It's all about the apps
It's easy to forget that when Apple first launched the iPhone there was no App Store, no iPhone SDK, and no developer ecosystem. People thought their phones were great for making voice calls, checking their e-mail, and maybe even browsing the Web. The average user had no idea that their phones could run "apps."
Even though the first generation iPhone did not support native apps, when Apple did introduce the iPhone SDK and the App Store it really was nothing new. Windows Mobile had what many viewed at the time to be a thriving developer ecosystem with more than 20,000 mobile applications available. What Apple did with the App Store, though, was simplify the user experience. It made the act of installing an app onto your phone into a clean and straightforward process. Then it ran primetime TV commercials about all the apps available in the App Store and how easy it was to install them on your device. Apple took a geeky, complicated process of installing software onto your mobile phone and transformed it into an incredibly simple experience.
Apple was able to build the App Store on top of its already successful iTunes platform, and as a result it already has nearly 100 million credit card numbers on file. As an owner of an iPhone or iPod touch, you didn't have to give Apple a credit card number for its file, but you couldn't download free apps until you did. The result was a thriving ecosystem built around the impulse purchase.
The vast majority of downloads from the App Store are of free apps, but this hasn't prevented the gold rush in which tens of thousands of developers quickly developed apps for just about anything. The App Store launched with just 500 apps, but quickly grew to 5,000, then 25,000, then 100,000. It will likely hit the half million mark in mid-2011.
First with the iPhone
There's an app for that. And that. And that, too.
As the App Store exploded with growth, the average consumer discovered there was an app for almost anything. As Apple's TV commercials stated, whether you "want to read a restaurant review, read an MRI, or just read a regular old book" there was an app for anything. Want to play a game? Recognize a song on the radio? Pay your bills? Order a pizza? Start your car? Unlock your front door? iPhone users quickly realized that there really was an app for almost anything they could imagine.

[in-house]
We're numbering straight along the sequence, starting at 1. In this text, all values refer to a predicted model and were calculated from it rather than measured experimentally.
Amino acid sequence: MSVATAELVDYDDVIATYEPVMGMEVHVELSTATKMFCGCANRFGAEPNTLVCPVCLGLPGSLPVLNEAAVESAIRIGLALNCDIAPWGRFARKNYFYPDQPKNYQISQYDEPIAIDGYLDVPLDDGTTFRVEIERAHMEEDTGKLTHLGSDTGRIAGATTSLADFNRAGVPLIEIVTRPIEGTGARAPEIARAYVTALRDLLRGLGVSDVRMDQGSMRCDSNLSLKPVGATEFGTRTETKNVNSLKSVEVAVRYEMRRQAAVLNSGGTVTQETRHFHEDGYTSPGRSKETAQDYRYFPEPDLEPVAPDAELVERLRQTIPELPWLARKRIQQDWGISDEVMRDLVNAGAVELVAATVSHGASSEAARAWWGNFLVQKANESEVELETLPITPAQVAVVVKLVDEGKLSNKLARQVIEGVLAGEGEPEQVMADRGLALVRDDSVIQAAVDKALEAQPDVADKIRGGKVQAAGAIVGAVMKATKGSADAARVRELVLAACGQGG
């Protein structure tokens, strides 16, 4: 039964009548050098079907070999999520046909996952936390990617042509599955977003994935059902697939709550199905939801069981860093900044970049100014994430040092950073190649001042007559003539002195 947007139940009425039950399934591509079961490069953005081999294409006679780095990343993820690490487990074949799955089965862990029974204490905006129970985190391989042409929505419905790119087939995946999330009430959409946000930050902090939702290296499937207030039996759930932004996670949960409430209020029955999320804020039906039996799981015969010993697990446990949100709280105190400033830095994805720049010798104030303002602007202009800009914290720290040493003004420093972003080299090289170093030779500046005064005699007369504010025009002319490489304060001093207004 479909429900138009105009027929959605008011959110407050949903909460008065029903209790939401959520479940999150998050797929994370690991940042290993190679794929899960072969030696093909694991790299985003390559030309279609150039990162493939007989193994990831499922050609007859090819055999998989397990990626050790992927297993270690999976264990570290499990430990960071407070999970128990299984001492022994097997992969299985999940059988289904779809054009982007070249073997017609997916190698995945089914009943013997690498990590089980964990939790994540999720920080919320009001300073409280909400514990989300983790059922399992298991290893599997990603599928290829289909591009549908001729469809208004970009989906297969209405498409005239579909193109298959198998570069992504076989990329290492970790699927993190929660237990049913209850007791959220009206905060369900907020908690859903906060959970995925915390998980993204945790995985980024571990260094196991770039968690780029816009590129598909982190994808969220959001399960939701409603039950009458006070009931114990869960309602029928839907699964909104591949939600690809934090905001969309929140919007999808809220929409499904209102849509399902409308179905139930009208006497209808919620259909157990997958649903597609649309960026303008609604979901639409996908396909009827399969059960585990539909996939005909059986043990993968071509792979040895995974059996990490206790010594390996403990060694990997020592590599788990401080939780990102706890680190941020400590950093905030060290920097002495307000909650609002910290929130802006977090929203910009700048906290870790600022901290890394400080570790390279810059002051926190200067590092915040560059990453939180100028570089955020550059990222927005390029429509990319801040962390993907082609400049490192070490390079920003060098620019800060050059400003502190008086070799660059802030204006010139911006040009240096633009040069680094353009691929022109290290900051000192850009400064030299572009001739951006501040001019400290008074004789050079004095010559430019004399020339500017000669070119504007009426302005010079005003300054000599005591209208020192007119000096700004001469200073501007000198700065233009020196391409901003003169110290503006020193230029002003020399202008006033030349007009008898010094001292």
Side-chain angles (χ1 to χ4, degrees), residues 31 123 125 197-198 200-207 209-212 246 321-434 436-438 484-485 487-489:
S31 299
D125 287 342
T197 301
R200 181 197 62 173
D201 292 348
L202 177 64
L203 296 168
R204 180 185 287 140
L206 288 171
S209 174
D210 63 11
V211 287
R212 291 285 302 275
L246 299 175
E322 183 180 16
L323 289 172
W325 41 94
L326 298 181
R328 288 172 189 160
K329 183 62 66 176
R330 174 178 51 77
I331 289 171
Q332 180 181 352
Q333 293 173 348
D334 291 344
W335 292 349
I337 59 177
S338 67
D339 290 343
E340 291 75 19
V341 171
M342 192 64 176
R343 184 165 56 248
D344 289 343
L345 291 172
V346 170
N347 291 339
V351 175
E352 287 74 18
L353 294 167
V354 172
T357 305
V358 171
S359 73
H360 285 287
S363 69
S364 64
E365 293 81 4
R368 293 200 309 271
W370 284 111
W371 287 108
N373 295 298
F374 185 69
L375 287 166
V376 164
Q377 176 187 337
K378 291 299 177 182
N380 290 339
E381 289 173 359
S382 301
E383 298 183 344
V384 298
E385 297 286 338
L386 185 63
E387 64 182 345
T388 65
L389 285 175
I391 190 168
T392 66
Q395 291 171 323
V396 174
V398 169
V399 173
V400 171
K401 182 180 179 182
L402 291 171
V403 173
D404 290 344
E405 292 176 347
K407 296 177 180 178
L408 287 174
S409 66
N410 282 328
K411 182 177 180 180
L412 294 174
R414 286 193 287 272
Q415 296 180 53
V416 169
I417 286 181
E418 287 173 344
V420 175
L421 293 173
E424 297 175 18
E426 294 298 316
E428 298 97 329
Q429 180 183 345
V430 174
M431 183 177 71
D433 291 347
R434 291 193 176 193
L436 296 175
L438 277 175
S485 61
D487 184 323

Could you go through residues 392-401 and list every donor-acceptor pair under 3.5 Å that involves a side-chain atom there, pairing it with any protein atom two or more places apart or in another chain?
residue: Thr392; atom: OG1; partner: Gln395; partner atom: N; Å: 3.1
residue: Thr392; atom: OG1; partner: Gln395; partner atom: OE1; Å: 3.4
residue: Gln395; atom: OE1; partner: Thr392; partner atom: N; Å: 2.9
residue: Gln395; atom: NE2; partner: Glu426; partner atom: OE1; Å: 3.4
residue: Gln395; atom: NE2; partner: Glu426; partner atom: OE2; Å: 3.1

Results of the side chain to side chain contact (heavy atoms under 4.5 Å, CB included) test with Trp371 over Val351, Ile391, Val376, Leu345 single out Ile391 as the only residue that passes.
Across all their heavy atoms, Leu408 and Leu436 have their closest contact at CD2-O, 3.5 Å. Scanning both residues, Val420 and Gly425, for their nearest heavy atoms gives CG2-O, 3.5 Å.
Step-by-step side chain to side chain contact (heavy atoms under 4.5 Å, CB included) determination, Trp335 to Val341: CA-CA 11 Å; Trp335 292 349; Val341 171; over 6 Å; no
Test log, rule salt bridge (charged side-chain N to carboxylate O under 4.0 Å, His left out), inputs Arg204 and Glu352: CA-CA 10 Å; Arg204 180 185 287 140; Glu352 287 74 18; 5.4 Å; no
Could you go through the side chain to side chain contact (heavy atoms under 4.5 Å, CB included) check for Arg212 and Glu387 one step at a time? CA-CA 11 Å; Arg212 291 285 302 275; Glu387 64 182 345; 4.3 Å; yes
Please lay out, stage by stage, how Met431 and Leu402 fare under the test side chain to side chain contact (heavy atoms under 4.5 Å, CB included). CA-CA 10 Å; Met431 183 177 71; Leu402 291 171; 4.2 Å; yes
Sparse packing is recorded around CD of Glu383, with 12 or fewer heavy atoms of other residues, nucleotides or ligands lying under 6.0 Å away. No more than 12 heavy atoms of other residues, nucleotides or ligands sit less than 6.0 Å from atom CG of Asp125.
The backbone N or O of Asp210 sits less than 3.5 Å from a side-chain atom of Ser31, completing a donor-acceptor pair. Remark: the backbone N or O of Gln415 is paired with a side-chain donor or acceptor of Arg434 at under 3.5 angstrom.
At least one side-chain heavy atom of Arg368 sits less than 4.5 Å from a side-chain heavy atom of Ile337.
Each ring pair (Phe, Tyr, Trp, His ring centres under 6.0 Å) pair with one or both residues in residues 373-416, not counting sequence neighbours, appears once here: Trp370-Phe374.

The auto insurance industry provides an excellent case study for how Fortune 1000 organizations first began to embrace consumer-facing mobile applications. In April 2009, Nationwide Insurance launched Nationwide Mobile in the iPhone App Store. The app provided Nationwide's customers with an "Accident Toolkit." In addition to calling emergency services, the app could file an accident report that used GPS to pin-point the user's exact location and captured pictures of the damage with the camera. It even provided a flashlight feature. The company then ran an extensive primetime TV advertising campaign that showcased the iPhone app. In addition to providing a great marketing message, the app offered a huge value proposition to the customer by replacing manual labor-intensive processes with self-service functionality that consumer could use right from their phones.
By December 2009, Geico Insurance had launched its own Geico GloveBox app in the App Store, and shortly thereafter began featuring the app in television commercials along with its trademark cavemen.